Association of University Technology Managers

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The Association of University Technology Managers (AUTM) is a nonprofit organization dedicated to bringing research to life by supporting and enhancing the global academic technology transfer profession through education, professional development, partnering and advocacy.

The association was founded in 1974 as the Society of University Patent Administrators to help move research from the lab and into the marketplace for public use and benefit. The association's first meeting in 1974 had 75 participants. AUTM has grown to more than 3,300 members worldwide and drew more than 1,900 attendees to the AUTM 2015 Annual Meeting.

Bayh-Dole Act[edit]

The enactment of the Bayh-Dole Act harmonized federal policy with regard to management of inventions made by non-profit organizations in the course of federally funded research.

Prior to passage of the Bayh-Dole Act, universities were able to claim patent rights by means of specially negotiated Institutional Patent Agreements, which were agency-specific. Most government agencies, however, claimed ownership of inventions made with federal funds. Very few of the inventions for which the government obtained patents were being commercialized.[1] By 1978, the federal government had acquired more than 28,000 patents, but fewer than 5% had been licensed to industry.[2] There was little incentive for universities to manage such intellectual property or for companies and investors to risk the capital necessary to move these ideas out of the lab, through development and into the market.

The rationale behind the Act was that universities would be more effective than the federal government in using the patent system to encourage practical application of government funded inventions, partner with industry on matters of research and innovation, and enhance participation of small business.[3][4] When Bayh-Dole was enacted on December 12, 1980, the intellectual capacity of researchers was melded with the entrepreneurial skills of the free enterprise system. Following passage of the act, the number of patents granted to universities jumped exponentially. Prior to Bayh-Dole, fewer than 250 patents were issued to universities per year.[5] Just a few decades later the AUTM Licensing Activity Survey reported that in fiscal year 2014 alone there were 6,363 patents issued to universities.[6]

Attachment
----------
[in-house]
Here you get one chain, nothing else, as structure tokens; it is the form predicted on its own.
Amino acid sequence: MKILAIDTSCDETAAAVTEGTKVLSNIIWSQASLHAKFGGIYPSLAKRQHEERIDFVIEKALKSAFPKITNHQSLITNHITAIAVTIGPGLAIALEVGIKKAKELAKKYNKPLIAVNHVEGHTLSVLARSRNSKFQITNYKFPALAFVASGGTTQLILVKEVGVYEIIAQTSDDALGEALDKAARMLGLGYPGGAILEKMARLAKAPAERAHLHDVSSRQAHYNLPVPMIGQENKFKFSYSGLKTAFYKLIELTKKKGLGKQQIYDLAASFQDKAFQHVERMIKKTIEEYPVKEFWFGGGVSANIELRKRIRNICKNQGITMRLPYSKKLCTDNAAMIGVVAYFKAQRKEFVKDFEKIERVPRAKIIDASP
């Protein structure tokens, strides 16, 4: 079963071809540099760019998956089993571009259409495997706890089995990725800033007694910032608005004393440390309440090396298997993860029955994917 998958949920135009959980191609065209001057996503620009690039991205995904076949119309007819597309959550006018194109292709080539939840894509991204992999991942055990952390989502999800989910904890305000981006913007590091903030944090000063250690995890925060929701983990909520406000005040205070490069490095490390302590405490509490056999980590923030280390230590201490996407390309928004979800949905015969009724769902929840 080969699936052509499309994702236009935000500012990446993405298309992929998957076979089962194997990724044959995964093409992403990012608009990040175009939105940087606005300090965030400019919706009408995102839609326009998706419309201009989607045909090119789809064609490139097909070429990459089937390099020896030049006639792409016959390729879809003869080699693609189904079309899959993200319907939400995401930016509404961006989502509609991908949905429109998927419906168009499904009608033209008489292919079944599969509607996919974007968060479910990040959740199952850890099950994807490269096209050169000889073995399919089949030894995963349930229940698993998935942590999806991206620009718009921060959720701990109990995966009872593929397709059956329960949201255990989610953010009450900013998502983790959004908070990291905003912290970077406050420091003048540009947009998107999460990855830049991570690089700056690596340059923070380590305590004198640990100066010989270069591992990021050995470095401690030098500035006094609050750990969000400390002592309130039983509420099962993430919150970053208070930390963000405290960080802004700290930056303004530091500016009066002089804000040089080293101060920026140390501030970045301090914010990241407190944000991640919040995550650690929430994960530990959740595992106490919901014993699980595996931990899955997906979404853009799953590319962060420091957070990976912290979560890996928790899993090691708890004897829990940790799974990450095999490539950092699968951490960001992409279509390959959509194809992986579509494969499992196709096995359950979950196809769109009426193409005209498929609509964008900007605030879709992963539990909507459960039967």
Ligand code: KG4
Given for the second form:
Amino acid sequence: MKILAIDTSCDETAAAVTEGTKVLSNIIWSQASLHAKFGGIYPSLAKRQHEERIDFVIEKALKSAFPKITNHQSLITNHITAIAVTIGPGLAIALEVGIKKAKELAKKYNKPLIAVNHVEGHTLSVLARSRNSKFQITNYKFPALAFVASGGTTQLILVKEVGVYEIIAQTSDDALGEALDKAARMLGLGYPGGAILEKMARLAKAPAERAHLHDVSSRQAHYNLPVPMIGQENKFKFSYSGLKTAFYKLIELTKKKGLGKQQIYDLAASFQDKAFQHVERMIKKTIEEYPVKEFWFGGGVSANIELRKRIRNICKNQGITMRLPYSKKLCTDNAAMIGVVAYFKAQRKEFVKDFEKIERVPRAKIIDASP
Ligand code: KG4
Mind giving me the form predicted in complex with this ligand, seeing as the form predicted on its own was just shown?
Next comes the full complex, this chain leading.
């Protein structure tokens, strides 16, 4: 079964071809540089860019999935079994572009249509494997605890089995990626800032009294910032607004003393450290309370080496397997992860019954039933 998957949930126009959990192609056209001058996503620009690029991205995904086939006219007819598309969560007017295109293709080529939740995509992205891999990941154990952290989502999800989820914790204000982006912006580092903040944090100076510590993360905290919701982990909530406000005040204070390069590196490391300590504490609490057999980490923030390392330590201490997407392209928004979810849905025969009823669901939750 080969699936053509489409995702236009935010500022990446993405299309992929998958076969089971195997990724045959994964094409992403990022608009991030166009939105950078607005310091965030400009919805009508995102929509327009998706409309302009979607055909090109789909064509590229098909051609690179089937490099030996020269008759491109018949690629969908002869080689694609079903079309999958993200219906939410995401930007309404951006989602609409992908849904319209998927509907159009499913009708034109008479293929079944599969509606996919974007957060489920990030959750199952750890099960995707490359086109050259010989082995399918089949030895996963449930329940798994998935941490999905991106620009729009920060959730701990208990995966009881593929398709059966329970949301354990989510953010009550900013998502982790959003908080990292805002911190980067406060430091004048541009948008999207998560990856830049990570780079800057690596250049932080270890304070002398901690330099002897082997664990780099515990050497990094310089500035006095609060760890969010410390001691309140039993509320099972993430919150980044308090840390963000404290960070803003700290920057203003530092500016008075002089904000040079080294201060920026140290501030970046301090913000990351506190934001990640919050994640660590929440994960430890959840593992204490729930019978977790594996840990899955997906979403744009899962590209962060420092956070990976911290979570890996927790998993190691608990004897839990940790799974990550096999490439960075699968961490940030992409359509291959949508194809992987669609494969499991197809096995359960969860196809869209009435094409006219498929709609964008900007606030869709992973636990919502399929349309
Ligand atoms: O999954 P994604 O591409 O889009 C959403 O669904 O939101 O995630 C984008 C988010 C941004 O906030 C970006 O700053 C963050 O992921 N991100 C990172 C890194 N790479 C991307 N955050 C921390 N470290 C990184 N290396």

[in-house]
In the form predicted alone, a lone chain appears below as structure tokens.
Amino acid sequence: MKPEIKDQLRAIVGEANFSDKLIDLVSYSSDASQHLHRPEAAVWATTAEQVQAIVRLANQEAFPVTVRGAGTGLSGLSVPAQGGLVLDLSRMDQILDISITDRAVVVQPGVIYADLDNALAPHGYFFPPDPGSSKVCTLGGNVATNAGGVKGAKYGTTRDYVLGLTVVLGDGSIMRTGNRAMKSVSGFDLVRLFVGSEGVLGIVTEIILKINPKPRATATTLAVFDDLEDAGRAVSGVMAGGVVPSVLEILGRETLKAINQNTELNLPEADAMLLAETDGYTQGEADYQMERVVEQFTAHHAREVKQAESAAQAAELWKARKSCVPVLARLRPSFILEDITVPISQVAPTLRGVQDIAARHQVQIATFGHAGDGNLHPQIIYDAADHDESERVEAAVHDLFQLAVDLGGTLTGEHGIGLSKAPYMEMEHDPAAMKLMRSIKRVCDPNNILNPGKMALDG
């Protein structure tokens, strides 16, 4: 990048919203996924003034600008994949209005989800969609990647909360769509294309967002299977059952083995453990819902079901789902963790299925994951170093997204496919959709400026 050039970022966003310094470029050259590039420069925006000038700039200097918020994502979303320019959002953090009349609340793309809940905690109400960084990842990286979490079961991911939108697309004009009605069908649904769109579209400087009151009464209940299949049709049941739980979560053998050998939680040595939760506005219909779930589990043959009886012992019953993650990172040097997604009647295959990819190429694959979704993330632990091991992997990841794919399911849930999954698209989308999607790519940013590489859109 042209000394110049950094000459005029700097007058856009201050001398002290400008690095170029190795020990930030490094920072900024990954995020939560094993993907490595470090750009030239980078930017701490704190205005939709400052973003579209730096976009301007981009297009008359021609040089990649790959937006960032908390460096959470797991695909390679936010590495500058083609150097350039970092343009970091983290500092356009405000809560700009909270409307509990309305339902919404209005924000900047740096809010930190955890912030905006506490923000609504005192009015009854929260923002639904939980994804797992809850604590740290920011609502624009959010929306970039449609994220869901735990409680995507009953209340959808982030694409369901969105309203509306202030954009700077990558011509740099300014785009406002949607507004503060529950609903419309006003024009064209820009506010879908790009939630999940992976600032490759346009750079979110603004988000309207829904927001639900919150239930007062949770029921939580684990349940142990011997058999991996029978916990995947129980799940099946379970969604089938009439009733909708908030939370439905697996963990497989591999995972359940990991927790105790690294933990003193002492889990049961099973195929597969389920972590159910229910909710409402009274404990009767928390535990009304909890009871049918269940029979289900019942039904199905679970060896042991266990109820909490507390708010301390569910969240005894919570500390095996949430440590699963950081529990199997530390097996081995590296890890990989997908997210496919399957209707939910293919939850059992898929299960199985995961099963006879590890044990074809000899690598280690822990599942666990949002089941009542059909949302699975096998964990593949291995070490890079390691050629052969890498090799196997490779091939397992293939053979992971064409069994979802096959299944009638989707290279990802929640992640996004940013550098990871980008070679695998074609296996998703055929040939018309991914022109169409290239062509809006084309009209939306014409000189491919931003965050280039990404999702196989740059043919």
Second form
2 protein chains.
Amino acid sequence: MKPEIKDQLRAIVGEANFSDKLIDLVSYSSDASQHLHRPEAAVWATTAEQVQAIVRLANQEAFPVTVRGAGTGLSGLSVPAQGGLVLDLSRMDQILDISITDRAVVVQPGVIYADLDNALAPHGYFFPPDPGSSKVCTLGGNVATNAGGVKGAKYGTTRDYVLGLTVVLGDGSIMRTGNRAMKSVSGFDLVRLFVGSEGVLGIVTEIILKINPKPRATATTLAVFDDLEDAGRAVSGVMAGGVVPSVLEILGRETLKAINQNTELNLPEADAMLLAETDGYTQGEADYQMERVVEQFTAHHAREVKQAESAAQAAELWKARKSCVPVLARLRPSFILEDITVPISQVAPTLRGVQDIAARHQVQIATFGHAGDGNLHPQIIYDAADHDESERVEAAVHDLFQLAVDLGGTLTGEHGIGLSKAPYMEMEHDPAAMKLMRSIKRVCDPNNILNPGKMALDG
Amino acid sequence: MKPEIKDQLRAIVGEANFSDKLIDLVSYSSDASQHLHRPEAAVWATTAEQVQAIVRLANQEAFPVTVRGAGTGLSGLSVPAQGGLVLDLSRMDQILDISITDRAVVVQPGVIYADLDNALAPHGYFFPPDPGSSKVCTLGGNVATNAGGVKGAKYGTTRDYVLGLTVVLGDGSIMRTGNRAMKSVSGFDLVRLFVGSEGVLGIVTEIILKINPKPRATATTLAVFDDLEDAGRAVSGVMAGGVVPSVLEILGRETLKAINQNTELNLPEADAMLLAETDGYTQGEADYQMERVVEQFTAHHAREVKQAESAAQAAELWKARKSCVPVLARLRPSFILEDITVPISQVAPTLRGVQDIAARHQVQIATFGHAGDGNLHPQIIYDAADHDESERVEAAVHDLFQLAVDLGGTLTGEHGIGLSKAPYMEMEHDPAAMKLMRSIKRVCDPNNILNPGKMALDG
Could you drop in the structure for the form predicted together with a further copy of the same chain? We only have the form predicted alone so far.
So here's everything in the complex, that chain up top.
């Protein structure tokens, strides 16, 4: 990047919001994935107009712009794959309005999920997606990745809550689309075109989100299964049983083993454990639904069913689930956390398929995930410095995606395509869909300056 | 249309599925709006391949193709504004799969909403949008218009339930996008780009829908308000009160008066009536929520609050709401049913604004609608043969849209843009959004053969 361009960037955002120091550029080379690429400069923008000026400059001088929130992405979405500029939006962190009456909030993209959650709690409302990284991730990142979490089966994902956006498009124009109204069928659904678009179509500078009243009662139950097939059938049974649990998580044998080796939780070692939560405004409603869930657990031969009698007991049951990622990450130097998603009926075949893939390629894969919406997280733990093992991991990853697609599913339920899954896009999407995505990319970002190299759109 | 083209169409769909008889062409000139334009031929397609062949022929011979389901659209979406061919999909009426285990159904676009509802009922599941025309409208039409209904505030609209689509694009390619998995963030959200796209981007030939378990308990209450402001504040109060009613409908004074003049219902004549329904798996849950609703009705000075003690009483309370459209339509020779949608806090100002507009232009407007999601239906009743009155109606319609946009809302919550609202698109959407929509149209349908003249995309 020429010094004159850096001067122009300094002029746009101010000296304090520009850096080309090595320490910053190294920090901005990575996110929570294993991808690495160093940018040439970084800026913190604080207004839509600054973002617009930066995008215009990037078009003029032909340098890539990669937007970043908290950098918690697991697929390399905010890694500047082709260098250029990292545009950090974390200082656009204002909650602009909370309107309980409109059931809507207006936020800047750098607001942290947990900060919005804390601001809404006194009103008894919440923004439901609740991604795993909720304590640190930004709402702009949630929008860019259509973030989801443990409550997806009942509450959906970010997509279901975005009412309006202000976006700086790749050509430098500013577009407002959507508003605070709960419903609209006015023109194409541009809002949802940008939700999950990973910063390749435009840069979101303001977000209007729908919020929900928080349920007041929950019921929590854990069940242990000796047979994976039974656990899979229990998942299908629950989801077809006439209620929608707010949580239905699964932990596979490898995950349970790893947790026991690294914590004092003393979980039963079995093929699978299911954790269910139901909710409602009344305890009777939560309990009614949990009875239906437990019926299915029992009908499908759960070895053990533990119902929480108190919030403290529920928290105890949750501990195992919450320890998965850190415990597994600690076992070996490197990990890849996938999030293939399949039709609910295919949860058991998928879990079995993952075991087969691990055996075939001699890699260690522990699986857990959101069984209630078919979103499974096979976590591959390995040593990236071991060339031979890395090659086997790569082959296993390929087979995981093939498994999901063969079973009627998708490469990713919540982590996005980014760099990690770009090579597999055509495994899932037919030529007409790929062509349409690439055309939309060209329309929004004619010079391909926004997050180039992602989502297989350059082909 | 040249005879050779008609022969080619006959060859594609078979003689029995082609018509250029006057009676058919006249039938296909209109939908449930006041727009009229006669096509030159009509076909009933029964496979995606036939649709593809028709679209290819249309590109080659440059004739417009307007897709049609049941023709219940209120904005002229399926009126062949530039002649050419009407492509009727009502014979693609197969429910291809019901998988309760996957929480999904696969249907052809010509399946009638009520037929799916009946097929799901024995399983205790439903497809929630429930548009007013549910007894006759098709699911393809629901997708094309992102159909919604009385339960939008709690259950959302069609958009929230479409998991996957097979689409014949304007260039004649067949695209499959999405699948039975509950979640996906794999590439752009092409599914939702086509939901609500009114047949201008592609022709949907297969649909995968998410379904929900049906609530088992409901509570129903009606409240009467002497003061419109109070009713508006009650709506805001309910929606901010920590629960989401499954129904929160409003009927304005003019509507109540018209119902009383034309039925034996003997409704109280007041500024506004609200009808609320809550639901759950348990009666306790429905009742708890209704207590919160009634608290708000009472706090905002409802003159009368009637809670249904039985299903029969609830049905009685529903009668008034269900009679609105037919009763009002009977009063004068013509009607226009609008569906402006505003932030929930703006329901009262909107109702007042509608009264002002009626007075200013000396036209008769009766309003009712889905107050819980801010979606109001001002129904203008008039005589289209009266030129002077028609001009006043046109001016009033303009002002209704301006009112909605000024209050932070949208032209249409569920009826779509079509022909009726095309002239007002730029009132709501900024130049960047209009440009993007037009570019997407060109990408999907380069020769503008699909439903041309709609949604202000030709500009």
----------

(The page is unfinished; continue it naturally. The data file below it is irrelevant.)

As a result of the Bayh-Dole Act, many universities and other non-profit research institutions have developed technology licensing offices to manage inventions, patents, and licensing activities.[7] AUTM provides support to these offices and to technology licensing professionals through training programs, conferences, and publications.

The Bayh-Dole Act was borne out of need to revitalize a sluggish economy that was losing ground to international competitors. The act has since become instrumental in accelerating commercialization of federally funded research, developing new industries, and creating an innovation economy. The Biotechnology Industry Organization (BIO) released a report describing the profound impact universities have made on the economy. For the 18 years studied, the report shows that university/non-profit licensing supported as many as 3.8 million "person years of employment". The impact on U.S. gross industry output was as much as $1.18 trillion and the impact on gross domestic product was as much as $518 billion in 2009 dollars.[8]

Members[edit]

Today, the association claims more than 3,300 members worldwide, representing managers of intellectual property from more than 300 universities, research institutions and teaching hospitals around the world as well as numerous businesses and government organizations.

References[edit]

  1. ^ "WARF and Bayh-Dole". Archived from the original on 2015-03-09. 
  2. ^ "Innovation's Golden Goose". December 12, 2002. Retrieved December 13, 2015 – via The Economist. 
  3. ^ "USC 35 Section 200. Policy and Objective". Archived from the original on 2008-09-17. 
  4. ^ Elizabeth Popp Berman. "Redefining Technology Transfer: How Patents Became a Proxy for the Success of U.S. Science". 
  5. ^ Robert, Hardy (July 9, 2010). "University Technology Transfer: Questions and Answers" (PDF). Council On Government Relations (COGR). Retrieved December 13, 2015 – via COGR. 
  6. ^ "AUTM U.S. Licensing Activity Survey: FY2014". www.autm.net. Association of University Technology Managers. September 9, 2015. Retrieved December 13, 2015. 
  7. ^ Council on Government Relations. "The Bayh-Dole Act: A Guide to the Law and Implementing Regulations" (PDF). Archived from the original (PDF) on 2008-10-01. 
  8. ^ Lori, Pressman (March 17, 2015). "The Economic Contribution of University/Nonprofit Inventions in the United States: 1996-2013" (PDF). www.bio.org. Biotechnology Industry Organization (BIO). Retrieved December 13, 2015. 

External links[edit]